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International Relations

The Big Picture: One World, One Sun, One Grid

  • 01 Dec 2018
  • 7 min read

Stressing that India would generate 40 percent of power from non-fossil fuels by 2030, the Prime Minister has called for connecting solar energy supply across borders, giving the mantra of 'One World, One Sun One, Grid'. The Prime Minister also considers the 121-country International Solar Alliance as the future OPEC for meeting the energy needs of the world. Oil cartel OPEC led by Saudi Arabia currently meets close to half of the world's oil needs. Solar power will play the same role that oil wells have played over the past few decades in meeting global energy needs. India will add as much as 50 GW of non-hydro renewable energy to existing 72 GW and is on its way to achieve the target of having 175 GW of clean energy by 2022.

International Solar Alliance

  • The International Solar Alliance (ISA) is an initiative jointly launched by the Prime Minister of India and the President of France on 30 November 2015 at Paris, on the sidelines of Conference of Parties (CoP 21) to the United Nations Framework Convention on Climate Change.
  • Headquarters- National Institute for Solar Energy, Gurugram (Haryana), India.
  • It aims at addressing obstacles to deployment at the scale of solar energy through better harmonization and aggregation of demand from solar rich countries lying fully or partially between the Tropic of Cancer and Tropic of Capricorn.
  • After ratification by a minimum number of countries, on 6 December 2017, ISA became the first full-fledged treaty-based international intergovernmental organization headquartered in India.
  • Till date, out of 121 prospective member countries that lie either fully or partially between the Tropics of Cancer and Capricorn, 68 countries have signed the Framework Agreement of the ISA.

One World, One Sun, One Grid

  • Humans have in the last 150-200 years relied on resources trapped below the earth’s surface for meeting energy needs. But for a secure future, resources available above the ground like solar and wind energy need to be harnessed.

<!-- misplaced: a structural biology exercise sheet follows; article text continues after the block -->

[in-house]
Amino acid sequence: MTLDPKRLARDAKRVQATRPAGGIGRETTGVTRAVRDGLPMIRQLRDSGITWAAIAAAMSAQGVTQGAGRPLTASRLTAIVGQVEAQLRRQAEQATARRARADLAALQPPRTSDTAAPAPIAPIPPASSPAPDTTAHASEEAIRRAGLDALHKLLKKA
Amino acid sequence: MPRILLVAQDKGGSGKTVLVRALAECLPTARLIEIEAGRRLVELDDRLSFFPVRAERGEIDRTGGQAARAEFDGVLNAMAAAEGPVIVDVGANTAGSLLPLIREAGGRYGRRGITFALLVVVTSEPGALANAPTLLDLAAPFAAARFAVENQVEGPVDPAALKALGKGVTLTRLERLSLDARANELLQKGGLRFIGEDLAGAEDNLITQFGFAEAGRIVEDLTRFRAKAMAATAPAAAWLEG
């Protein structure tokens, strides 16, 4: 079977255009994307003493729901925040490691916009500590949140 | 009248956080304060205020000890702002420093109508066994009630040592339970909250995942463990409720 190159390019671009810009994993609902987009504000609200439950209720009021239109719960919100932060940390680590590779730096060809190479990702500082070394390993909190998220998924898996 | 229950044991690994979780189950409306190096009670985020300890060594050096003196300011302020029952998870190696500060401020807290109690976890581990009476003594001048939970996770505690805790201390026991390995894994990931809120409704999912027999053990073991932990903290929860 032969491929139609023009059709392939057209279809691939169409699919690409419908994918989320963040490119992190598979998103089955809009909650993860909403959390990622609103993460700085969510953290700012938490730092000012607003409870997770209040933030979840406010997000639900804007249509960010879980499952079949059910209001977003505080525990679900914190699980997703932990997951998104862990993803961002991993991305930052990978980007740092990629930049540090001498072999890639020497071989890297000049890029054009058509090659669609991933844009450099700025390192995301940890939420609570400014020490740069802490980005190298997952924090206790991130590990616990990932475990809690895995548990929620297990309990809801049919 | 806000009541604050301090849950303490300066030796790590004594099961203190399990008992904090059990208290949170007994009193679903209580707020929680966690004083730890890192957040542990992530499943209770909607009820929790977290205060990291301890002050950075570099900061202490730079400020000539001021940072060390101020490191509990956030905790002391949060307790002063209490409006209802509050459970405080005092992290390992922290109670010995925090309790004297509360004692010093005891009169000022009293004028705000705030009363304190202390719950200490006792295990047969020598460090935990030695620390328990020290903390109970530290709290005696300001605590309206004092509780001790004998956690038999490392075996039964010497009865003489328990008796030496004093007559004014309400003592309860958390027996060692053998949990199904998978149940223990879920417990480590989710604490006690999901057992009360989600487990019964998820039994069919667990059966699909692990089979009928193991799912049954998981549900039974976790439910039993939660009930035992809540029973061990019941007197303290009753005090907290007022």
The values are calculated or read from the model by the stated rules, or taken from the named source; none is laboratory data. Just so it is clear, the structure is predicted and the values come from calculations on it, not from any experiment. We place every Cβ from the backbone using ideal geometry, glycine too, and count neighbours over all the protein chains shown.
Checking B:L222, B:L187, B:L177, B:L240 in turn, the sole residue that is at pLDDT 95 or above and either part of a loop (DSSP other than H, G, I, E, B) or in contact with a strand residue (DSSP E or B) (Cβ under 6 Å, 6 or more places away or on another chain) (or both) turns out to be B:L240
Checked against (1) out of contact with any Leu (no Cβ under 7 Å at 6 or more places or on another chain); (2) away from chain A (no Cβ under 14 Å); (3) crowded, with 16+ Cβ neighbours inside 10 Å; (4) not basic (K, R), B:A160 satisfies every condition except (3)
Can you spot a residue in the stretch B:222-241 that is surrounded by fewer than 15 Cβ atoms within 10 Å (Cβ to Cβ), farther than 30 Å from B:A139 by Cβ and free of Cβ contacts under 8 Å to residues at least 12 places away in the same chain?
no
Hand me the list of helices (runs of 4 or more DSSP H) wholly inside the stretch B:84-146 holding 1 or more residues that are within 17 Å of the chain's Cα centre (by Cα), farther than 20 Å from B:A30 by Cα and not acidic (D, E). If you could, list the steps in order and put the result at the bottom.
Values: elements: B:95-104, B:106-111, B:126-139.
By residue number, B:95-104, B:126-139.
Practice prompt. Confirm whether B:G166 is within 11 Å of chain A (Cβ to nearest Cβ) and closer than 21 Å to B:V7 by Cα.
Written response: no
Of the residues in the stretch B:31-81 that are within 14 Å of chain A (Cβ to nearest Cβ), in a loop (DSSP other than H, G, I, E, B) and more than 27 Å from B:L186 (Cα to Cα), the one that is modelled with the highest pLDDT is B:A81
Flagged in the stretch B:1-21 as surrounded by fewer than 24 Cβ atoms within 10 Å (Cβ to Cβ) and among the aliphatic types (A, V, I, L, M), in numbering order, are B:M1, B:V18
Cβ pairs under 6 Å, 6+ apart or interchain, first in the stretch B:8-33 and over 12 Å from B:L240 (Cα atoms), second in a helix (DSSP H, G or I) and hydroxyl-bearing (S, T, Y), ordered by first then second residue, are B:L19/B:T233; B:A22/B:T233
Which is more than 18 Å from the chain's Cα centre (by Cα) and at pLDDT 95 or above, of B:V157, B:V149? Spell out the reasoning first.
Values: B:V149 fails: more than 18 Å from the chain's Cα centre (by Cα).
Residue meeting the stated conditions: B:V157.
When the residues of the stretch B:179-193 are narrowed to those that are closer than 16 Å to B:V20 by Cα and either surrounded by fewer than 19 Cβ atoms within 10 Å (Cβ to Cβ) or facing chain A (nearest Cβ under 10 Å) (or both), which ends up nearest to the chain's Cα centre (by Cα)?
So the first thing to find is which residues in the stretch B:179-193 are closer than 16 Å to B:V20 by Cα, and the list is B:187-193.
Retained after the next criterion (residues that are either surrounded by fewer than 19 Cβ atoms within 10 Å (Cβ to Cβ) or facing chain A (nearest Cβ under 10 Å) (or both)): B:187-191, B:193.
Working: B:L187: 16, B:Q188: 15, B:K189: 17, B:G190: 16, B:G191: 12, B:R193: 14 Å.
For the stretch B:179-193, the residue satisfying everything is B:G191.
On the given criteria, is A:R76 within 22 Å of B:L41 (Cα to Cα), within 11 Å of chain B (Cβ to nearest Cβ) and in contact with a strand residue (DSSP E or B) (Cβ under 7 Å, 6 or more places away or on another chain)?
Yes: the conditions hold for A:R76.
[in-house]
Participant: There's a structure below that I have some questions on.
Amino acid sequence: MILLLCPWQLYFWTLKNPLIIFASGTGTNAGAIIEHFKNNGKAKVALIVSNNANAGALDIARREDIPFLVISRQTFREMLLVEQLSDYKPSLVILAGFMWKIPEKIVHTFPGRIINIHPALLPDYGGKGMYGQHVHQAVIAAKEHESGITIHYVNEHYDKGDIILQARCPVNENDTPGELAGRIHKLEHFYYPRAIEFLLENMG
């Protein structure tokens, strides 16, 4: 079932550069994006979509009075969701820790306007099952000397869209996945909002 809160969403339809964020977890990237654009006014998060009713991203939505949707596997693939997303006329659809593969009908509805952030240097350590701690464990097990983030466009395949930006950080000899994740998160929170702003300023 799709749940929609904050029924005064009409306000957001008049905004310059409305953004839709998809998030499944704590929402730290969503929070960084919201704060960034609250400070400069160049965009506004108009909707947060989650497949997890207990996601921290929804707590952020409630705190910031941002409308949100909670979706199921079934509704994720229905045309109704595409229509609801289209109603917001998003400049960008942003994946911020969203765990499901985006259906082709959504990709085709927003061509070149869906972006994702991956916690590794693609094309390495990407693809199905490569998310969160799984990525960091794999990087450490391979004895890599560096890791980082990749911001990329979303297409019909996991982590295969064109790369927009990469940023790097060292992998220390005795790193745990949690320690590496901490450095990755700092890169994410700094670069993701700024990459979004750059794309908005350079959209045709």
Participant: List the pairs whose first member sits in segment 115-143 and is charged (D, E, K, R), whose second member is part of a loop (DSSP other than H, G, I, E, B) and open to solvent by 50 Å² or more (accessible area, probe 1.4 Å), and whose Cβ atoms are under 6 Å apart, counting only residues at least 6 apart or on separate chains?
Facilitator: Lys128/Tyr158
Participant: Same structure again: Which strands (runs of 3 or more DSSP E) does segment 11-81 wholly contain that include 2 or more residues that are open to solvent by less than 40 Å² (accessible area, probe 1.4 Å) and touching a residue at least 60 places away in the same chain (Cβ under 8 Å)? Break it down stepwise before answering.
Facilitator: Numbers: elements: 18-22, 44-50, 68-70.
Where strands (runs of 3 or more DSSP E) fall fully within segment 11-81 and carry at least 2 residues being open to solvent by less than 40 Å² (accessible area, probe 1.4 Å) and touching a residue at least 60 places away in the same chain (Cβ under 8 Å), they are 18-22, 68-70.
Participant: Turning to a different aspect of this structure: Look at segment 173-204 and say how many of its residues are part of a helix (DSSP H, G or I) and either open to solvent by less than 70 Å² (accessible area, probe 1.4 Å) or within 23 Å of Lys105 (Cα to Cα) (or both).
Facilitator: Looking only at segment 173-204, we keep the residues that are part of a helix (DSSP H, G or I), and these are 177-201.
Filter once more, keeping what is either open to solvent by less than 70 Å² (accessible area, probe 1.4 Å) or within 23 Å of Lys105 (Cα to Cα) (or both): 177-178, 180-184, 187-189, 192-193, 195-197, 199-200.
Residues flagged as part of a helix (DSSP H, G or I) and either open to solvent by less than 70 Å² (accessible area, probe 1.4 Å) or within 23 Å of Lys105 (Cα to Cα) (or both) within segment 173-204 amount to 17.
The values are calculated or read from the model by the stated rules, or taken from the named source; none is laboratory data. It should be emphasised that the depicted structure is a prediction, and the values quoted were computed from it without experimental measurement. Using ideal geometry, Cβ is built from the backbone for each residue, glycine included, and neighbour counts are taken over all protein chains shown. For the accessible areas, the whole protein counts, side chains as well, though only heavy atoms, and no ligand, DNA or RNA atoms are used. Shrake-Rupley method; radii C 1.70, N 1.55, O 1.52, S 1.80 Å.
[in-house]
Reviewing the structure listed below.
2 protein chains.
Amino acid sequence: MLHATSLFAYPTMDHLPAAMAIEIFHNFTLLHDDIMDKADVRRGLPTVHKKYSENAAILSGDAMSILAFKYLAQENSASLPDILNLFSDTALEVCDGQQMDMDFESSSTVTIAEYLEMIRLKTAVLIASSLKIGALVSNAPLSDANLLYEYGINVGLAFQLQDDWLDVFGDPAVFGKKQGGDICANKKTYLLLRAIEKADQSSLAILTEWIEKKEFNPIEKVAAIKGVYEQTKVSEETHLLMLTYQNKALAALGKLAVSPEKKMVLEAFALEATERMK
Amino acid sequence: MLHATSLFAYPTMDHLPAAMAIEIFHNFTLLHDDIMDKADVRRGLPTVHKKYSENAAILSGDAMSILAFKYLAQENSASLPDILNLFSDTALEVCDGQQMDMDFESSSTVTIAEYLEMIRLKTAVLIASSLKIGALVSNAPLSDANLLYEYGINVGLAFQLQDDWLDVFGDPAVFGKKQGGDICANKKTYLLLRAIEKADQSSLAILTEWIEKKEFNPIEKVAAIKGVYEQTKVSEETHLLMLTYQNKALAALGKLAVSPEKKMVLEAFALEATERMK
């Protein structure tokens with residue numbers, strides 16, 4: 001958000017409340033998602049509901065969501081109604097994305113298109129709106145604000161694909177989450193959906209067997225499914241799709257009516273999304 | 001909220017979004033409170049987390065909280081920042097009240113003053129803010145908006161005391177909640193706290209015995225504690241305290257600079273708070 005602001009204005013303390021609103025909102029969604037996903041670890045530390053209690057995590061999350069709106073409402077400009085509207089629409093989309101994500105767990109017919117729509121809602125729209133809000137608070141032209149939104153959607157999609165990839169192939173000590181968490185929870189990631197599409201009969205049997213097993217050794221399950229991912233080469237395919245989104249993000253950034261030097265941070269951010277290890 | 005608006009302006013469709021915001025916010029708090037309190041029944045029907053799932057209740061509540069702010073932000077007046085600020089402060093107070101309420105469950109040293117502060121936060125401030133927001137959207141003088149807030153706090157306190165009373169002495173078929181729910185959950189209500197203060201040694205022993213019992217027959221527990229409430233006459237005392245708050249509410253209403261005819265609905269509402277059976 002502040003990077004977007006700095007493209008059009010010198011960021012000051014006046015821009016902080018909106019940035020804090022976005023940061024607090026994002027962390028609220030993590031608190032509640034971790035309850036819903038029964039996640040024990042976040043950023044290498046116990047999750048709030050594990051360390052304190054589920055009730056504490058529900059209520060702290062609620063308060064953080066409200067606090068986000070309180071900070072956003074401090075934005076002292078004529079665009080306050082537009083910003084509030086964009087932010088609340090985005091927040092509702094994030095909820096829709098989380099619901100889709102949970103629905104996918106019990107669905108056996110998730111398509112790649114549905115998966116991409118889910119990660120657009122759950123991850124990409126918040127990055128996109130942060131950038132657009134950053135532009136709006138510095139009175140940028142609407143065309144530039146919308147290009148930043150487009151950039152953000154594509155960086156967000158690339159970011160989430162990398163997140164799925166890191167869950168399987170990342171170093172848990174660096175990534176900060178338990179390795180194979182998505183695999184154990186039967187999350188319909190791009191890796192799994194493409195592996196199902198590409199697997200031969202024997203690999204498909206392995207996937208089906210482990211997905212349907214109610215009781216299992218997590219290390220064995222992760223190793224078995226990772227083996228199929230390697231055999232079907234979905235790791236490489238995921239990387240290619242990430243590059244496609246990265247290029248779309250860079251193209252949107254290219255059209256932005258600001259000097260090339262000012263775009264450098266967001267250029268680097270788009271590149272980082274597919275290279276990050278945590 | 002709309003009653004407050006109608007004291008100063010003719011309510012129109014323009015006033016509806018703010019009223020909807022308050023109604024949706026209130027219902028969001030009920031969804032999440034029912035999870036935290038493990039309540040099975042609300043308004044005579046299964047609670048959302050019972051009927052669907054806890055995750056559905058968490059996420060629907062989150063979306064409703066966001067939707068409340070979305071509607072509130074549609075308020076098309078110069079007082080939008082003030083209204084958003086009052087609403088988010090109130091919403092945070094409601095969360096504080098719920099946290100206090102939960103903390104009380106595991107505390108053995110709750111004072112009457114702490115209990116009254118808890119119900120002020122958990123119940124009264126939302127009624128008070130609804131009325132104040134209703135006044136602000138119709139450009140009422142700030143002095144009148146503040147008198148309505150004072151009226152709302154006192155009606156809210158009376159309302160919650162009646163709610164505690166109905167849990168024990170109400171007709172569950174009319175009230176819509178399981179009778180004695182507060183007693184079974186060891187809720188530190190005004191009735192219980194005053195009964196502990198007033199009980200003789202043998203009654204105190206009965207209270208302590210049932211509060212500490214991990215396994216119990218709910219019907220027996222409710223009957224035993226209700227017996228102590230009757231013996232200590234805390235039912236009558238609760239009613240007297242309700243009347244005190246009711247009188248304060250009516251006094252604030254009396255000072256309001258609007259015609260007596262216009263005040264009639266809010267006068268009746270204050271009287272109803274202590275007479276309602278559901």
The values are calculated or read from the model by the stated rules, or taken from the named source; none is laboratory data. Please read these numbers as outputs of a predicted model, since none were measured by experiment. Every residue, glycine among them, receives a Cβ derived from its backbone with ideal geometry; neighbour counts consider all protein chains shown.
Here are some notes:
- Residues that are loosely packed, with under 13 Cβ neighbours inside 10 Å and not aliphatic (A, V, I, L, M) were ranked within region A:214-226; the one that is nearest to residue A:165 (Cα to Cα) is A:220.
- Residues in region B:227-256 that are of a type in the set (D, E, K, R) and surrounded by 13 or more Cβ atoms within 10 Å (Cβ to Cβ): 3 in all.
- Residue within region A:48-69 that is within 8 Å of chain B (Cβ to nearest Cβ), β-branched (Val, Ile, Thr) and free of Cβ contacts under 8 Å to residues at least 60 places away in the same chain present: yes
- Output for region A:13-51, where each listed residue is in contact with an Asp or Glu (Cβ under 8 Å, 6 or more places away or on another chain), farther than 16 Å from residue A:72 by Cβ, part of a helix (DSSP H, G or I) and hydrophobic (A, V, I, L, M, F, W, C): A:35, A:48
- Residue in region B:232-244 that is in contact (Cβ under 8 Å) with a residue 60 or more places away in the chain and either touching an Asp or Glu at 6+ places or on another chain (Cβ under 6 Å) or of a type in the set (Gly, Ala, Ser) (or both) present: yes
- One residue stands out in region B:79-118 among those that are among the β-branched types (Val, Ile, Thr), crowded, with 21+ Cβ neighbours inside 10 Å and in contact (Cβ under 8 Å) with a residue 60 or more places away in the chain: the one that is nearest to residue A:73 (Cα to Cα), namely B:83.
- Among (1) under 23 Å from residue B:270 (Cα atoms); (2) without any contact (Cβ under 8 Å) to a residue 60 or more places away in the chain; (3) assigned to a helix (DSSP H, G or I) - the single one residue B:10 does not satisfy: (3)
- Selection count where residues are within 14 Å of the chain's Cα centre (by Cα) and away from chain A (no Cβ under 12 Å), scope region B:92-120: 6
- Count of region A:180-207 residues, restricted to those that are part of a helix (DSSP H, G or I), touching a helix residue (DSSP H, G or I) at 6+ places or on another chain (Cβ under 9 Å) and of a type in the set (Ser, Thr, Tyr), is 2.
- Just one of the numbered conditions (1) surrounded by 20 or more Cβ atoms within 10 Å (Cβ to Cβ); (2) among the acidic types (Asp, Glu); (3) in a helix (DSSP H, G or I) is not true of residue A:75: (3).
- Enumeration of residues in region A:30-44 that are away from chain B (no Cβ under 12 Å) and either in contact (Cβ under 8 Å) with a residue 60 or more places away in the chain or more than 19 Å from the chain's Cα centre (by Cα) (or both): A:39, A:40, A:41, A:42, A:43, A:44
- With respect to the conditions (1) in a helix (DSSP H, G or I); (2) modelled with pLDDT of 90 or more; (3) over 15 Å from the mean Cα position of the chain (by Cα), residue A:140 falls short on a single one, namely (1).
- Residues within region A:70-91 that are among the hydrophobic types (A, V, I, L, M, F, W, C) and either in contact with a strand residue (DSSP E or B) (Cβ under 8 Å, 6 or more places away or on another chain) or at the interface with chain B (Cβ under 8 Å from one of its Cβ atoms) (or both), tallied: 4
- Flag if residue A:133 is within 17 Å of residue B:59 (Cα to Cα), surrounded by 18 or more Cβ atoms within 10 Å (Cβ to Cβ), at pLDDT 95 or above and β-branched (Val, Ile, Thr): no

• Sun never sets for entire earth and therefore can be the source for the entire earth if every country is connected to a single grid.
  • Hence, keeping in mind the Paris Agreement where it has been categorically mentioned that in order to prevent irrevocable changes in the climate, the stakeholders should limit the rise of temperature to 2 degrees, it is but imperative that by 2040 the world should make a substantial transition to the renewable energy.

Feasibility of such an idea

  • This idea is very much feasible since countries like India (India has integrated national grid) or even big continents like Europe are connected by more or less single grid.


  • The total world energy usage (coal+oil+hydroelectric+nuclear+renewable) in 2015 was 13,000 Million Ton Oil Equivalent (13,000 MTOE). This translates to 17.3 Terawatts continuous power during the year.
  • If the area of the Earth is covered with solar panels, even with moderate efficiencies achievable easily today, it will provide more than 174 TW power.
  • So, solar energy generated in one part of the world can be taken where enough landmass is not available to generate such quantity of power. For example, the power generated in the Sahara desert can be transmitted to Europe and in turn, Europe can give up on gas if they are connected via a single grid.
  • Within India itself, there are huge tracts of desert in Rajasthan and Gujarat where solar panels can generate enough power so as to meet substantially the rising demand of energy.


  • In order to see the idea come through the most important challenge is to integrate economic policy imperative and energy policy imperative. Right now these two policies are in not blended.
  • Solar power depends on the efficient system of storage, which is yet to develop.
  • The mineral resources that contribute to making efficient and effective battery are dominated by China.

How to fuel and secure the energy need?

  • In the last five years, India has doubled energy generating capacity from 175GW to 350GW.
  • With economic growth and bettering of economic and social condition, the per capita demand for electricity is bound to increase.
  • In this regard, it is imperative that the policies are so designed that the energy demand is more tilted towards renewable energy and away from fossil fuels. The best example will be electric cars. It will bring down fossil fuel consumption and solar power can take care of electricity generation.
  • India has succeeded in large solar projects. The next big target is to get the solar panel in our 6 lakh villages. Such decentralization would lead to the production of 6 lakh kilowatts into the system.

Way Forward

  • The first and foremost action would be to develop storage technology. In this regard, both the government and the private sector need to make a substantial investment.
  • Continents like Africa can be explored for ensuring the constant supply of rare earth minerals that are important for making batteries for energy storage.
  • An alternative to storage like solar thermal can be explored.
  • However, the most important work has to be done at the front of ISA. The team of 121 countries should come together and work as a facilitator instead of a cartel (OPEC).
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